Monday, February 27, 2012

nom, nom, independently

A hugely important part of J's day is eating.  He takes well over 40 minutes to eat each meal.  This is great as I feel that he's learning to listen to his body, feed himself, and develop a healthy relationship with food.

There is a learning curve when it comes to J knowing how to feed himself.  It can be tricky and frustrating for him.  To assist in this learning, we provide him with an opportunity to be independently successful if he is hungry separate from meal time.


While he does not know how to pour himself water, I do place his hands in the appropriate position on his pitcher.  We pour the water together and he drinks from the cup by himself, something we taught him very early on.  (It's a shot glass!  We bought a package of 6 at IK.EA and they are the perfect child-sized drinking glasses).  I also leave some food on the table for him to come and go, eating as he pleases.

By providing him this independence, I am already watching his abilities and confidence soar.  He does not have to scream and beg for food, leaving little room for poor attachment to eating.  This is our goal.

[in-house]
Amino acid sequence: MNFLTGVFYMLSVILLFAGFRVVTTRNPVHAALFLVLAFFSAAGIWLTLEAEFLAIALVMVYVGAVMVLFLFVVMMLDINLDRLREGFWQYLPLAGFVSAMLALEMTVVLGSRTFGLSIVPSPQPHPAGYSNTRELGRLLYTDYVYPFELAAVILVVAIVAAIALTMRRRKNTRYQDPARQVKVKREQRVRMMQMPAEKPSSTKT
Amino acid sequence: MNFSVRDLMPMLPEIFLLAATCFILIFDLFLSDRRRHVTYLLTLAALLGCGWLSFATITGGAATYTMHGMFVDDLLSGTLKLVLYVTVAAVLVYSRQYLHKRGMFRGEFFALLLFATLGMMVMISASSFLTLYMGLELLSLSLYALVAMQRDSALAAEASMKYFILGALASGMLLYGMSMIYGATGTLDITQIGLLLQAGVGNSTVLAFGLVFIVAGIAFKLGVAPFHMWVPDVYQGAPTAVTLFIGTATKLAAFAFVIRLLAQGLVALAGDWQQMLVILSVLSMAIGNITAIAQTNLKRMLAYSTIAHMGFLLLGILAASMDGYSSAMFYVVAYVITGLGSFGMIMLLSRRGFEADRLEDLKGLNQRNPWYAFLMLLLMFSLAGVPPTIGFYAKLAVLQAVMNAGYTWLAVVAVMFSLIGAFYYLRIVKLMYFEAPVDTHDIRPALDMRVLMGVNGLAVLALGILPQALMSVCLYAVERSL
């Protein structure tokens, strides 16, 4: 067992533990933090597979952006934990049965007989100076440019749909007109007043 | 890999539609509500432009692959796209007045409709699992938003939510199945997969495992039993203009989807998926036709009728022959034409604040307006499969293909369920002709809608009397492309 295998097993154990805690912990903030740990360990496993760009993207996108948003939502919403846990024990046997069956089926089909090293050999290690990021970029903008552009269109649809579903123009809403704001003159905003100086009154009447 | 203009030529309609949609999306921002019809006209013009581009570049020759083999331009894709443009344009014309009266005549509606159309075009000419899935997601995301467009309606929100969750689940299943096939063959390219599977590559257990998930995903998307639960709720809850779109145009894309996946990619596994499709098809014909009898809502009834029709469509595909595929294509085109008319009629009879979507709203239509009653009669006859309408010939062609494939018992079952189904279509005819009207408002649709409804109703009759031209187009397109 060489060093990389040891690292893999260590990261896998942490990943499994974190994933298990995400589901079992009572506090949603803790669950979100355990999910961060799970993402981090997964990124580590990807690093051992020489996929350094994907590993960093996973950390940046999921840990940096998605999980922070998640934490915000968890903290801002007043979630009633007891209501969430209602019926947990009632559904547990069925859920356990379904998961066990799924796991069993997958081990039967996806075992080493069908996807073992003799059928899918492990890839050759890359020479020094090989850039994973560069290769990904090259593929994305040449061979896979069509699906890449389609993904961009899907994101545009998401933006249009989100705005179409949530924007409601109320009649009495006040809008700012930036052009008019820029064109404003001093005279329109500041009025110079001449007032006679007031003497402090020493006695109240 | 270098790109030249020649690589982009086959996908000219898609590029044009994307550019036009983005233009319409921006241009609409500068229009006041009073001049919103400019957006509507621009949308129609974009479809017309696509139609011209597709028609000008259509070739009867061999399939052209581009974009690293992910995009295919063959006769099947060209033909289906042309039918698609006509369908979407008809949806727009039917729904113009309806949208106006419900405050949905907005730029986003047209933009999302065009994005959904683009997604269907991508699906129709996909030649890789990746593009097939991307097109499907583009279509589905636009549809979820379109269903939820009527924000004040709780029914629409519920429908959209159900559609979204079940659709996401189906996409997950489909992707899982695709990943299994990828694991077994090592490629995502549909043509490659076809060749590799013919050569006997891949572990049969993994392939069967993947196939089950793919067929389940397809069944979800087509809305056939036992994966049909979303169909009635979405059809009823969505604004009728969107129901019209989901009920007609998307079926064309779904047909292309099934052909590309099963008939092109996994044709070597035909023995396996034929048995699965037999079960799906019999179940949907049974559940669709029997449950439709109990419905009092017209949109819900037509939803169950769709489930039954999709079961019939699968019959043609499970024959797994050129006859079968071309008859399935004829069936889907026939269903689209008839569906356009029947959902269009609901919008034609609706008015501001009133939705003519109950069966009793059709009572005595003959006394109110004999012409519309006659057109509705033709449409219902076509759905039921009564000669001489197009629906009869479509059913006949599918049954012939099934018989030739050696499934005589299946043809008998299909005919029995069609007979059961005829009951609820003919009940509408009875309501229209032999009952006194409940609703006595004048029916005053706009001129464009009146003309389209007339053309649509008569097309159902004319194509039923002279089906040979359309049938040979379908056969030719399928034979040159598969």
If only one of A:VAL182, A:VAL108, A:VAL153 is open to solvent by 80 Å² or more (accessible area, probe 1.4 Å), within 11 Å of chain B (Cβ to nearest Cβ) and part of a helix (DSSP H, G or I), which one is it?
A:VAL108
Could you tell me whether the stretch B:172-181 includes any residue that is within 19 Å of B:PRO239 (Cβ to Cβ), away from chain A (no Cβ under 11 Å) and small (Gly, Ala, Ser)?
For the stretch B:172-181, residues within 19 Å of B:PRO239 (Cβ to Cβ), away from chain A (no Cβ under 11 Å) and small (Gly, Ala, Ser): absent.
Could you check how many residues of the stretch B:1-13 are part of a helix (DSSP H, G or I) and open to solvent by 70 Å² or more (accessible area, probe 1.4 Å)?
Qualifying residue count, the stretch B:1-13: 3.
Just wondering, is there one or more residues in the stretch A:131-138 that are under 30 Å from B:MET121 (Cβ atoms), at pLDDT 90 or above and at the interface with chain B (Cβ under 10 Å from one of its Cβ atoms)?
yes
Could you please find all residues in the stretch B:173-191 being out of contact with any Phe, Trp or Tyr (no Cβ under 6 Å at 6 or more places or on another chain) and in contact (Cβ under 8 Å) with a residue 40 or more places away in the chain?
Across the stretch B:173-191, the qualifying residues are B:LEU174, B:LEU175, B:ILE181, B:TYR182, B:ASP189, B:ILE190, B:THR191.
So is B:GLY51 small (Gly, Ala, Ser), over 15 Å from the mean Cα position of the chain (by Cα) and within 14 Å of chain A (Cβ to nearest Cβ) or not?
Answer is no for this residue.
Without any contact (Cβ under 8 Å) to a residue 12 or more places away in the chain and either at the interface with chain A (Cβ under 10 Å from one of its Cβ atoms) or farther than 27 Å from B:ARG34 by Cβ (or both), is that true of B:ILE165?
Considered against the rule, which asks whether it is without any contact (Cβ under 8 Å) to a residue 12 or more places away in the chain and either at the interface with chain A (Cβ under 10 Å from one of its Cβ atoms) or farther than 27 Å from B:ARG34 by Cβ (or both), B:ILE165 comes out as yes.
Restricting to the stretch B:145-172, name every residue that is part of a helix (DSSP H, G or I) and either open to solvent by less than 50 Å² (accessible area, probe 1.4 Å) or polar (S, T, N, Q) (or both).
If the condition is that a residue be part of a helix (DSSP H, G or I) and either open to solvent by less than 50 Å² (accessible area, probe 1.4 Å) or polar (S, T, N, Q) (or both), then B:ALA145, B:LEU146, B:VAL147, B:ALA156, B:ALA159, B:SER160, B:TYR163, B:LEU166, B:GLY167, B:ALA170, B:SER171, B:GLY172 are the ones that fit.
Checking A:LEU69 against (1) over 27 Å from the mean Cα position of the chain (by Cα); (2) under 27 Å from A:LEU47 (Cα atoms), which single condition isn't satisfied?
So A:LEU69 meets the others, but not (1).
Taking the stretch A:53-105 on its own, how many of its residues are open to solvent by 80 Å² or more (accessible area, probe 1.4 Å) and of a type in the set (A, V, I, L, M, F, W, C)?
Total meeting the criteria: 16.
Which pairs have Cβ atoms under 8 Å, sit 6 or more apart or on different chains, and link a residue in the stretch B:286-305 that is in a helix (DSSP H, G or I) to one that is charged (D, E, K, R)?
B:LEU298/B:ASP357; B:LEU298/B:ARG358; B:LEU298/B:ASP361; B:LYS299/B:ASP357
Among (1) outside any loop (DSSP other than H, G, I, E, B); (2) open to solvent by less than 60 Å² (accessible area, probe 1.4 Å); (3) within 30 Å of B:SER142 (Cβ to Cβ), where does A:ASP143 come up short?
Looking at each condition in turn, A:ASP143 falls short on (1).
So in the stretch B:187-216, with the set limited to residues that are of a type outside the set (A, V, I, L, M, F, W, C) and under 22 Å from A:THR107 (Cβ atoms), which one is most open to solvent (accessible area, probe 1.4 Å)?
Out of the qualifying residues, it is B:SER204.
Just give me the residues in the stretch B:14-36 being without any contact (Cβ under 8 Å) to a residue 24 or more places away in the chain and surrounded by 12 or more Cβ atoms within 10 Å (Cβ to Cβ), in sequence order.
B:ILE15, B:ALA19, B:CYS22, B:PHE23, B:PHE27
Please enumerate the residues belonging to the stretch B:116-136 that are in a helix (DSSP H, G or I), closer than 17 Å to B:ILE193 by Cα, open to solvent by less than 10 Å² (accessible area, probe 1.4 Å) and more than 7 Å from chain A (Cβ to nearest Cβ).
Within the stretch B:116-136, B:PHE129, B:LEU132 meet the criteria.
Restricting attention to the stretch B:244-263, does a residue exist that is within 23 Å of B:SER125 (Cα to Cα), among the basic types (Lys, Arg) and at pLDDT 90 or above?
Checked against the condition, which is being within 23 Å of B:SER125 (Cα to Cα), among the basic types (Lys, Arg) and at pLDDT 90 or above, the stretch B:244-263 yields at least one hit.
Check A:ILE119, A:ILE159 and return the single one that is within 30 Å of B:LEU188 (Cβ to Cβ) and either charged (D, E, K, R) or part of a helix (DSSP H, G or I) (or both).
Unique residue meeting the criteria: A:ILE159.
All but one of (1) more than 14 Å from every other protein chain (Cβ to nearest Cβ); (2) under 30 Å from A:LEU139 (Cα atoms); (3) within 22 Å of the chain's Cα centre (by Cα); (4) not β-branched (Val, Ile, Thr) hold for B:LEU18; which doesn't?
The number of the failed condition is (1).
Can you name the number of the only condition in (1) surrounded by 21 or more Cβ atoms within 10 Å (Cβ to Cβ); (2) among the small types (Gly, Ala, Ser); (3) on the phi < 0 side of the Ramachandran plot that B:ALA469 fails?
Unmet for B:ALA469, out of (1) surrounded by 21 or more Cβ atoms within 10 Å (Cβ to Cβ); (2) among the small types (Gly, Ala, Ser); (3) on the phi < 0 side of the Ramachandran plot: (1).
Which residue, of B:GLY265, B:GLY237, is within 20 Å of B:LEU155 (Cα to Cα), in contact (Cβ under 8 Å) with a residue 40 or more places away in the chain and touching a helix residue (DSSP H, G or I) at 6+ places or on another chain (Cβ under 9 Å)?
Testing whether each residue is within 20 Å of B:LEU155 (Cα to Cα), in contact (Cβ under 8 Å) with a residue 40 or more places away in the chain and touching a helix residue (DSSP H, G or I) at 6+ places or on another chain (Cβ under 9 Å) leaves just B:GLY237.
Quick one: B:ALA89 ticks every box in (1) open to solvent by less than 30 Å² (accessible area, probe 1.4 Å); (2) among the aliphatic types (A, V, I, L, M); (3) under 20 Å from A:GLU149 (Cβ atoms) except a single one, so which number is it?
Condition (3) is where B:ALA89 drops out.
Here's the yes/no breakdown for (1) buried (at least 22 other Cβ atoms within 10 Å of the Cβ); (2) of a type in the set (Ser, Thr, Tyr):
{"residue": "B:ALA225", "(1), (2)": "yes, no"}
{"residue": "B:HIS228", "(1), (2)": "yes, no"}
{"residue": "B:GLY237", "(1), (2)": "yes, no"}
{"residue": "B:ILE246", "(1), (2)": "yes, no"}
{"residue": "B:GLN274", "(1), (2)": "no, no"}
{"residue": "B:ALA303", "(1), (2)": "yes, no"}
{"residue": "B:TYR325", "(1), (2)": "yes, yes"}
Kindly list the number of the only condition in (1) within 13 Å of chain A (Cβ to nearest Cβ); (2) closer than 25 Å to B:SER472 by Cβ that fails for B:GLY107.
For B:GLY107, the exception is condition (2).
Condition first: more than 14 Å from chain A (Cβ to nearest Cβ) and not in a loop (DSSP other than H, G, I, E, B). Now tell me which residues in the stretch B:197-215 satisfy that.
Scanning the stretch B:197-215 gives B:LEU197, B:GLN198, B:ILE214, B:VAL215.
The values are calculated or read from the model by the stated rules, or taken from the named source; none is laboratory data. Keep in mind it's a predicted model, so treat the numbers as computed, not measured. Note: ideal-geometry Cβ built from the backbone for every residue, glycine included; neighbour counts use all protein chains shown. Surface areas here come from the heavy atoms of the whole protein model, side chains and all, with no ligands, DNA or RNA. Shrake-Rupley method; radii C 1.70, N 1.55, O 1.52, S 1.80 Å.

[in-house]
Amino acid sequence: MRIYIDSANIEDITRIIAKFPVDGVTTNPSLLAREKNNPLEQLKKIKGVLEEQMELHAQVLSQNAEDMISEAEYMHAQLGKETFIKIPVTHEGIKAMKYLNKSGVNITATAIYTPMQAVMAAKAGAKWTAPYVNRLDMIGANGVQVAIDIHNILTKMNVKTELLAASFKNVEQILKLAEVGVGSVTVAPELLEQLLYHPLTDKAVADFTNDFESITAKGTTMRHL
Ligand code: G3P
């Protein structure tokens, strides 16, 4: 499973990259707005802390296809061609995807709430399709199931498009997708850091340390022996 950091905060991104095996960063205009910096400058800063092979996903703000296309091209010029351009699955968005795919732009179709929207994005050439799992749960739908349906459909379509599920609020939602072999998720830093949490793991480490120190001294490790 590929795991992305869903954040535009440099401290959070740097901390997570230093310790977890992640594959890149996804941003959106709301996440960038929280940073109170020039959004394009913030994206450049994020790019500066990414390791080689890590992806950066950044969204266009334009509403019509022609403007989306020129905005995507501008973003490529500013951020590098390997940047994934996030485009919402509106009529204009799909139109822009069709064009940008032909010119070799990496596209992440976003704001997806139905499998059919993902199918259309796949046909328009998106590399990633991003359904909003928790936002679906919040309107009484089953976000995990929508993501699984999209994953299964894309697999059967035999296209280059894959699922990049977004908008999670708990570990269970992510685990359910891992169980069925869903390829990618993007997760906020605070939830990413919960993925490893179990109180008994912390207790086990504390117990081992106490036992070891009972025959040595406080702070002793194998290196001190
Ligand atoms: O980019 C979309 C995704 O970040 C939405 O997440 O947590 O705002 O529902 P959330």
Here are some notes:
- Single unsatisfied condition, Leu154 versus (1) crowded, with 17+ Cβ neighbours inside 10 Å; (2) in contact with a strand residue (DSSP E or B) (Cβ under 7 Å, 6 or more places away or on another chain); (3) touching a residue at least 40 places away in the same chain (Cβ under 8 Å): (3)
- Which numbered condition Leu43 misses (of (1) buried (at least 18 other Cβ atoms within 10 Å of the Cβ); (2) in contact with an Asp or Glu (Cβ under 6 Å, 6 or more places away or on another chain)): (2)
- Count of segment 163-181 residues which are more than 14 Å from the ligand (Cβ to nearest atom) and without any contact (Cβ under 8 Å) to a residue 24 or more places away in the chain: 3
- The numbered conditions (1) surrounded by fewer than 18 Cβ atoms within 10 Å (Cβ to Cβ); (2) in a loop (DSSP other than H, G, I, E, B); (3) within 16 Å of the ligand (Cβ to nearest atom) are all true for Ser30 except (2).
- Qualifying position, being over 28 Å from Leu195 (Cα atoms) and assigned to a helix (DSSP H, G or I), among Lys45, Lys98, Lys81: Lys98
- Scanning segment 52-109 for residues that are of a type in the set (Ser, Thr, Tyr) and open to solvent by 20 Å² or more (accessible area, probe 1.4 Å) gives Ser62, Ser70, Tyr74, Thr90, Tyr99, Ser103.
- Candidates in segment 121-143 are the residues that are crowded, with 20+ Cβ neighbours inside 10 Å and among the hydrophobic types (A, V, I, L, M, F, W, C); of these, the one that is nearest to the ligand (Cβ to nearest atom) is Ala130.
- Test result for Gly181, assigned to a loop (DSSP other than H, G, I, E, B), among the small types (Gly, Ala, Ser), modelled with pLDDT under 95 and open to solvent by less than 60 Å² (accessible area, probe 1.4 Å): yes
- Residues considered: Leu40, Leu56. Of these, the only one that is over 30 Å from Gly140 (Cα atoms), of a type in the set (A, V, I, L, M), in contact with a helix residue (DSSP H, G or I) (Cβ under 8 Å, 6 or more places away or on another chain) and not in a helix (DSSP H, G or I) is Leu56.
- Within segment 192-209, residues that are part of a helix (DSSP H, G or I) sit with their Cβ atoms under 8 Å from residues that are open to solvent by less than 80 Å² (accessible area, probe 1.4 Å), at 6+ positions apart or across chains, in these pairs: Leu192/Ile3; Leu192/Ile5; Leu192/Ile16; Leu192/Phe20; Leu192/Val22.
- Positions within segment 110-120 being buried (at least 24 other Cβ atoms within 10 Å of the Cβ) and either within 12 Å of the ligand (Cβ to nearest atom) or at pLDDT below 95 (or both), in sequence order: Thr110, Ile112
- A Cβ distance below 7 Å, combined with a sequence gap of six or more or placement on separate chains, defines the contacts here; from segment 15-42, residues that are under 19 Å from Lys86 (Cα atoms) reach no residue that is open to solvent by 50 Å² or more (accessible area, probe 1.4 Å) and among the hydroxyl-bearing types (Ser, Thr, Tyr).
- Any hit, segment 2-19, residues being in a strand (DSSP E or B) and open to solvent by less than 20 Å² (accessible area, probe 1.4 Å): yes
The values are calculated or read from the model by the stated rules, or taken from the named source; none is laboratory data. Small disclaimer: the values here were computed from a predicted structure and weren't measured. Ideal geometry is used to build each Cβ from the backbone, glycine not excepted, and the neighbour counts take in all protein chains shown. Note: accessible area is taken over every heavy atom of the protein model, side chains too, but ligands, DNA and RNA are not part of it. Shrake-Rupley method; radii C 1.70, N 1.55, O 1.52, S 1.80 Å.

He then practices standing to burn off some calories.  C'mon walking before the first birthday!  Only 3 weeks to go...

Do you provide any opportunities for your child 
to eat & drink independently?  
Have any success stories you wish to share?

Sunday, February 26, 2012

damn it feels good to be a stay at home mom

As of tomorrow, I will officially be a stay at home mama.  Declaring that statement is music to my ears.  However, I will also be a work at home mom for some 8 hours a week.  AND, I'll be going into work 1 day a week.  So I guess I'm a WAHM, SAHM (thank you, ma'am).

I am nervous that I'm not going to be able to juggle everything effectively.  It is so hard to make sure that J receives enough attention, that the house receives enough attention, that T receives enough attention, that I receive enough get the point.  This is a challenge that I am up for, however!  (I'll update next weekend and let you know if I'm eating my words).